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What was the first personal computer?

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Click here for further information on our rarity scale RARITY: Exceedingly Rare Information on the rarity of this item is unknown.

 YEAR: 1970

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AMF Educational Computer Model 775A


We had been unsuccessful in finding information on this machine until David Liebers wrote us and referred us to a series of articles. (Thanks, David!)

This is a gigantic computer...one of the largest in our collection. The American Machine & Foundry Company (commonly known as AMF) made a personalized student version of this computer (Model 665/D) which allowed individual students to develop their computer skills; this personal sized computer measures roughly 12" by 12". However, if a teacher wanted to demonstrate computing methods he/she was out of luck...until AMF built the Model 775 computer which measures 37.5" wide by 28" tall. I can picture it sitting on a desk in the front of a classroom where every student can see clearly it.

Originally the only way we had to date the computer was a small sticker on the inside that says, "Accepted 1/24/72". We don't know if this was accepted right after purchasing it or if it was years later.

The voltage meter has the AMF logo followed by "Alexandria". There is a record of an American Machine & Foundry Company located at 1101 N. Royal Street which was torn down around 1999 and the Wall Street Journal quotes the Dept. of Energy, "This site handled (or was contaminated by) thorium and uranium, according to government records. The Department of Energy initially considered cleaning up this site under the Formerly Utilized Sites Remedial Action Program, but determined that it didn't have the authority to do so."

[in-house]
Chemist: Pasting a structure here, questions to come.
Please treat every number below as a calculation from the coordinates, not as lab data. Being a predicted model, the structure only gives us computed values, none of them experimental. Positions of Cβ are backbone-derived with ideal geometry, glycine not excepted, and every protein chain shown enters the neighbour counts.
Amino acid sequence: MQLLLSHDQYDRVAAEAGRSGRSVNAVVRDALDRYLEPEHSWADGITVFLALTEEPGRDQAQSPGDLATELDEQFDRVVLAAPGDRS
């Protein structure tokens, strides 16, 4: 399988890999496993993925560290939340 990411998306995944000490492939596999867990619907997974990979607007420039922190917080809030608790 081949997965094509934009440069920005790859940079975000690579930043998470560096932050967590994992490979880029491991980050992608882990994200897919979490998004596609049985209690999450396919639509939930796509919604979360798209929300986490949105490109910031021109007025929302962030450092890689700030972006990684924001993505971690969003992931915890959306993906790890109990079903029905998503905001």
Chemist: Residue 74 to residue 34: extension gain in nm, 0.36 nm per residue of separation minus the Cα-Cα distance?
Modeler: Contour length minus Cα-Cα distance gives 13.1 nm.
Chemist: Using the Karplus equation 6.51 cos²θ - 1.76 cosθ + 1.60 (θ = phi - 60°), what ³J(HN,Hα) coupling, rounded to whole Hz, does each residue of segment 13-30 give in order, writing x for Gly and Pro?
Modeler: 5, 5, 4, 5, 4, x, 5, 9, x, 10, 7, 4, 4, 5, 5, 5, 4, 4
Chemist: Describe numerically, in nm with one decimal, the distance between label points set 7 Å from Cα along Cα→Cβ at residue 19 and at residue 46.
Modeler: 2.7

We received a note from David Liebers in April of 2020 that pointed us to several very informative articles about this computer. David was actually in a special high school class for budding engineers that used this Demonstration Computer.

The High school was Wausau East High school in Wausau WI. The year I took the course was the first full year the course was offered, 1969/70 school year. Part of the year we worked with the 665/D analog computer on such experiments as the falling ball experiments and projectile experiments. The rest of the year we worked with the 800 to build digital logic circuits such as binary adders. Since this was a new course, we only did some of the experiments in lab manual plus the official text book had not been published at this time
The course was called "Man Made World" and was part of an effort by the EECP. One of the articles describes the addition of the Model 775 Demonstration Computer to the "Man Made World" curriculum. The article helps us date the computer. The article is dated September 1970 so we know the computer is at least that old and likely older. I suspect it is a 1969 computer and we will continue to investigate its origin. Below is a section from the newsletter.